• Supporting a partner suffering from Perinatal Mood & Anxiety Disorders (PMADs)

    Perinatal or postpartum mood and anxiety disorder (PMAD) is defined as distress that arises during pregnancy (perinatal) and throughout the first year after pregnancy (postpartum). The intensity of PMAD can range from mild to severe.

    It can be overwhelmed or confused when your partner is given a diagnosis of PMAD. You may not know where to begin and feel difficult as a partner. Often partners will express that they really WANT to be supportive but it can feel like walking on eggshells. In this article, we are going to let you know about the strategies and tips on how to support a woman struggling postpartum.

    There are 4 foundational strategies that you can offer to help your partner with PMAD

    1)⁠ Inform yourself

    Informing yourself about PMADs is a great place to start.⁠ Here is some key information you should know. PMADs are common. They affect at least 1 in 5 women in their postpartum (not to mention the significant underreporting in this population).
    The birth of a baby is a particularly challenging time for a woman’s mental health. Women are twice as likely to experience a mental health concern postpartum, than at any other time in their life.
    PMADs are not a woman’s fault⁠. They are caused by a complex interaction of genetic, biological, psychological, and environmental factors, some of which we don’t yet understand.
    PMADs can be serious but treatable, with the right support, therapy, connecting with other mothers, and medications.

    2)⁠ Validate & encourage

    Very often women with PMADs are feeling as though:

    • people are judging them as ‘bad mothers’⁠
    • they are failing their family
    • they are alone in their struggle
    • others don’t understand what they are going through⁠
    • they are completely exhausted and yet feel like they aren’t accomplishing enough
    • like they are going crazy / something is wrong

    Validation and encouragement are what they need! It can sound like:

    • “I see you trying your very best for our family. Thank you.”
    • “I’m here. You are NOT alone in this.”
    • “I see how hard this is for you right now.”
    • “I know you don’t feel like yourself… are you ready to get some extra support?”

    3)⁠ Support good sleep habits

    Sleep deprivation is common in mothers in their postpartum. On a biological level, the sleep-deprived brain is significantly compromised in its ability to use divergent thinking,⁠ filter stimuli, respond appropriately, and make decisions⁠. And, the brain also experiences an increased sensitivity in the overall fear response (i.e. an activated nervous system, which can result in being on edge, irritable, and anxious). As you can imagine, these can really intensify the predominant emotional distress and impact how one shows up in the relationship. ⁠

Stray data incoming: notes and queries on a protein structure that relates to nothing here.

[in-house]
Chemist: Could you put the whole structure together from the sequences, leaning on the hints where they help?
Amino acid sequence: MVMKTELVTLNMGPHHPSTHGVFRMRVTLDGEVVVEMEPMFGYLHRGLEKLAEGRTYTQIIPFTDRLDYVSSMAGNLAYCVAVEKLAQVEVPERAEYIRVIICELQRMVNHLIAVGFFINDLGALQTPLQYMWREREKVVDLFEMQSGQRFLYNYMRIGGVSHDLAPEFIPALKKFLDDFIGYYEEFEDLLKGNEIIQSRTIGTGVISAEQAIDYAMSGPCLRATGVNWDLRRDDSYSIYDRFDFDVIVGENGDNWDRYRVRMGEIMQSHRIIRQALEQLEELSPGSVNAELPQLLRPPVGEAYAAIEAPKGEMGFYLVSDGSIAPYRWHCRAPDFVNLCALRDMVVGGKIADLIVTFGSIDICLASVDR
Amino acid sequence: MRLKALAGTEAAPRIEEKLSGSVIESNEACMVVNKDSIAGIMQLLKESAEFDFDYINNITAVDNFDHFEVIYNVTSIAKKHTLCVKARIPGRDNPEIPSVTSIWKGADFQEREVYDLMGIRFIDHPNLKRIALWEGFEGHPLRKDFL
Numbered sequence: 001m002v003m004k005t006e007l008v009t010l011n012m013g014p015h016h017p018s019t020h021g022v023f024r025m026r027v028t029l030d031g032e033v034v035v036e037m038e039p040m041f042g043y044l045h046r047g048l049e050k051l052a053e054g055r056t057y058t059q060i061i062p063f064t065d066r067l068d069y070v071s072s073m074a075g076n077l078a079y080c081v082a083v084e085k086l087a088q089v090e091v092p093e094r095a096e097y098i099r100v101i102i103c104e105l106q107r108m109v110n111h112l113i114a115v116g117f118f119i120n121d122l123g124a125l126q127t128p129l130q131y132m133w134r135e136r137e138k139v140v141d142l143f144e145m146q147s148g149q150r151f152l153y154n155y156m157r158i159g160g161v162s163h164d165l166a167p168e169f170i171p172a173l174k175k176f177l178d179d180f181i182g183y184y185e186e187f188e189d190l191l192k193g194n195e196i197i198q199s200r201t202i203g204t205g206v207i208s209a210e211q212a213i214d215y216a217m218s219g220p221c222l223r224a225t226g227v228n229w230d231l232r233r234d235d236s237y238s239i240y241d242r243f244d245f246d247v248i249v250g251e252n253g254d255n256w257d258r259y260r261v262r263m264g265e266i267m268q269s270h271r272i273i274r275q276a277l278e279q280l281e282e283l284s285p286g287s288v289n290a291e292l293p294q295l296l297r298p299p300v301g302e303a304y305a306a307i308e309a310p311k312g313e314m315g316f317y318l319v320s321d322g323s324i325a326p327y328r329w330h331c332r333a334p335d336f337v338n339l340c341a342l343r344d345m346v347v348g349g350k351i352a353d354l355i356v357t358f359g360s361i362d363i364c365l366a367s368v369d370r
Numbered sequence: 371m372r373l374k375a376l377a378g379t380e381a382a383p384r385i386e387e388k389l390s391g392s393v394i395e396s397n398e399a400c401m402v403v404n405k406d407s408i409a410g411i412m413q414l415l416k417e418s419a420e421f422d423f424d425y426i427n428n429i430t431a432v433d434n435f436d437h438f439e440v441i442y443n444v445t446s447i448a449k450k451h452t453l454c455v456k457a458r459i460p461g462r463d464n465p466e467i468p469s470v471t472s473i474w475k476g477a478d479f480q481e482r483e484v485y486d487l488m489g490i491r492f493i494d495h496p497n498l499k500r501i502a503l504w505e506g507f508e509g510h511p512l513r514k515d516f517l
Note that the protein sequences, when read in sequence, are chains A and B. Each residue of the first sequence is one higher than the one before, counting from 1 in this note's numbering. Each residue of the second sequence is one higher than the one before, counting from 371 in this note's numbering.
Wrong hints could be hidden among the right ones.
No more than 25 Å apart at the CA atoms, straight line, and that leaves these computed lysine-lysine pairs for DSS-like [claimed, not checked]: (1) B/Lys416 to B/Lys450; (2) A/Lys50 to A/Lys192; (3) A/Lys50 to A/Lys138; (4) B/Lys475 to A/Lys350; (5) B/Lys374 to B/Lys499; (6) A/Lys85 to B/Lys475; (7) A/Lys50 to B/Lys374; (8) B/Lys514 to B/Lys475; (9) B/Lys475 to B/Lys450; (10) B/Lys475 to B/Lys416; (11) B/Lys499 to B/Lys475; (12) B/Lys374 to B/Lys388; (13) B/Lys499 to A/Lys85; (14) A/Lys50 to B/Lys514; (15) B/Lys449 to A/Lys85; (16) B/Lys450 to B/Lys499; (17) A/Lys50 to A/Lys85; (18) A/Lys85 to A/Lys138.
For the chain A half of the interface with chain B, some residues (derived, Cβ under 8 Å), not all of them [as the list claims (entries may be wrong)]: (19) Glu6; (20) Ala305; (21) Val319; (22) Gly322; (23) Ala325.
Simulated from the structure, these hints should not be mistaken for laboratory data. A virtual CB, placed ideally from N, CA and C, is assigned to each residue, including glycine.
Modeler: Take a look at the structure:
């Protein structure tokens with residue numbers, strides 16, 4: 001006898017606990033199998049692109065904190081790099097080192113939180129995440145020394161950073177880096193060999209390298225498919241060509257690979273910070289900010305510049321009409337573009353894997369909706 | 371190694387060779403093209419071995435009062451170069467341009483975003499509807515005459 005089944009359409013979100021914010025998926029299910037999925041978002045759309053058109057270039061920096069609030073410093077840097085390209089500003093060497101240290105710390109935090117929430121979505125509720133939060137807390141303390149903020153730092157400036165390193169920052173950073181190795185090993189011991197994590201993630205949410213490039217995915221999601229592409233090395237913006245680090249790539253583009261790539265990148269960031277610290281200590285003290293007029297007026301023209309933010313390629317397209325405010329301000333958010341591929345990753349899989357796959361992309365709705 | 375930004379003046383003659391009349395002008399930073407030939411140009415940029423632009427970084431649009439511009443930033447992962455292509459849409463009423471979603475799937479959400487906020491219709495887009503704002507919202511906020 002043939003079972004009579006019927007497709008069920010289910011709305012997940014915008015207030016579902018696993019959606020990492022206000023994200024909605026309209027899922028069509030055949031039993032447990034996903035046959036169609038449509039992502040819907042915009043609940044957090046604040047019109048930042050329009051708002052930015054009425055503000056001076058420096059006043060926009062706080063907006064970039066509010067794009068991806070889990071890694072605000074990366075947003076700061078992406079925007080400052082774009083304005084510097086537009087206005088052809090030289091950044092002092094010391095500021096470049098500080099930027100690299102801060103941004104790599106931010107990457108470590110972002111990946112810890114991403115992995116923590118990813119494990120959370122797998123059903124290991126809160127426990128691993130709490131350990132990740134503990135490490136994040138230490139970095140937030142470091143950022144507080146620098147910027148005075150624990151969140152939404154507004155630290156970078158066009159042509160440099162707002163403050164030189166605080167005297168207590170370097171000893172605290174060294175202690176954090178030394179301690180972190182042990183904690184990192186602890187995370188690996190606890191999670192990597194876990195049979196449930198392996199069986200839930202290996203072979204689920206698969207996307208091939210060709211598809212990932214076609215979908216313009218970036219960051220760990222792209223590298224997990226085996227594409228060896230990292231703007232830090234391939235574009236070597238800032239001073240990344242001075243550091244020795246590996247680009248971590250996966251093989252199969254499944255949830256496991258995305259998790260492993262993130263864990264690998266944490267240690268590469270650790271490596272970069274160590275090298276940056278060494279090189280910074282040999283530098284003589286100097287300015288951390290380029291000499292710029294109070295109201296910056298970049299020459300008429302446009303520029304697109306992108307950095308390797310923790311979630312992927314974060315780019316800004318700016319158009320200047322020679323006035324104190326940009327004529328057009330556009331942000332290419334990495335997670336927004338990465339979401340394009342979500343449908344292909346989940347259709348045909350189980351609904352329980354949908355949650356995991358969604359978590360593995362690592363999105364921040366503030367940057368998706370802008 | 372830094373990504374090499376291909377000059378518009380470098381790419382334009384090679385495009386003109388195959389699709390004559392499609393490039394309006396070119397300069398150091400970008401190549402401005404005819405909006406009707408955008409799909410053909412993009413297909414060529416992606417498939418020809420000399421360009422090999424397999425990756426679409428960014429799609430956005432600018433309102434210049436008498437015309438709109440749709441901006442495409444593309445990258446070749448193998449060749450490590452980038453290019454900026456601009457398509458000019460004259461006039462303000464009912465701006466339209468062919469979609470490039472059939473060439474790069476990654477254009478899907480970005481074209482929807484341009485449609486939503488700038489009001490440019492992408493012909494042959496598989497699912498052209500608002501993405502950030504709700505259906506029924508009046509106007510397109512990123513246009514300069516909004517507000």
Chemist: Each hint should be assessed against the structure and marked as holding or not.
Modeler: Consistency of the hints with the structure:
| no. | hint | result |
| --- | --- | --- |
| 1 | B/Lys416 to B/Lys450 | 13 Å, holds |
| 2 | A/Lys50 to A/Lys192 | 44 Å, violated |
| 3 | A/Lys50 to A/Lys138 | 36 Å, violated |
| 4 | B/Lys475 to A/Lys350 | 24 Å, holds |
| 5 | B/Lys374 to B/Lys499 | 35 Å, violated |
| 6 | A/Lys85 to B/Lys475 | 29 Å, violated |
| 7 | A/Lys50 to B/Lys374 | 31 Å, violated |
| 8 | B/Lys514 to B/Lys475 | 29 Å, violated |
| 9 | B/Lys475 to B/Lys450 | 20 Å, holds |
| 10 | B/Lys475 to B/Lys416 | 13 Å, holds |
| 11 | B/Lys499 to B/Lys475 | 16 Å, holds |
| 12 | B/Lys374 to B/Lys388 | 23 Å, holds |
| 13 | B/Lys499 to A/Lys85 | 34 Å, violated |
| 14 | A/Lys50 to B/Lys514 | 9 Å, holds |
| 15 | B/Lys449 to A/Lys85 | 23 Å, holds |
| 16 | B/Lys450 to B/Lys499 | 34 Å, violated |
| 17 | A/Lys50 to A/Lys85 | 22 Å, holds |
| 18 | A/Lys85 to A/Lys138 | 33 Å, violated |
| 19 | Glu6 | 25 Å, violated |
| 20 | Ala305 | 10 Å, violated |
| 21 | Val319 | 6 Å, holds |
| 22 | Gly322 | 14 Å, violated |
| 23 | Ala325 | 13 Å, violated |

You can help by fostering her sleep hygiene that improves sleep, such as controlling caffeine intake, maintaining a comfortable sleep environment, and practicing some sort of relaxation before sleep. You can also alternate responsibilities for taking care of their infant so that each of you gets a chance for good sleep.

    4)⁠ Seek to understand, not to solve the problem

    It can be frustrating to you when you feel your effort to support your partner seems not to be effective in reviving her mood. Don’t be discouraged and remember your accompany and understanding are more crucial to her than an instant solution. Even if she does not respond right away as you may expect, the fact that you are there for her is helpful.

    You can also learn to ask supportive questions, which are:

    • Open-ended (i.e. phrased in such a way that assumptions are not made that she IS ok)
    • Giving space to speak more broadly about her emotional state and there is no pressure to respond

    Generally speaking, women with PMADs who are more supported by their partners do better. This can include less severe mental health symptoms, faster recovery from PMADs, as well as increased relationship satisfaction.

    If you are in the midst of the journey, keep the faith that both of you will be better bit by bit together. In case you would like to learn more about the issue, you can go to the book ‘Postpartum Husband’, by Karen Kleiman (despite the terminology, this book applies to partners, and even friends or loved ones as well), and the website of Postpartum Support International for more resources.

    Looking for another way to help?

    Access our NEW Postpartum Depression & Anxiety Workbook, 52 pages of carefully designed exercises, information, and techniques to help a woman manage her mental health and feel more like herself!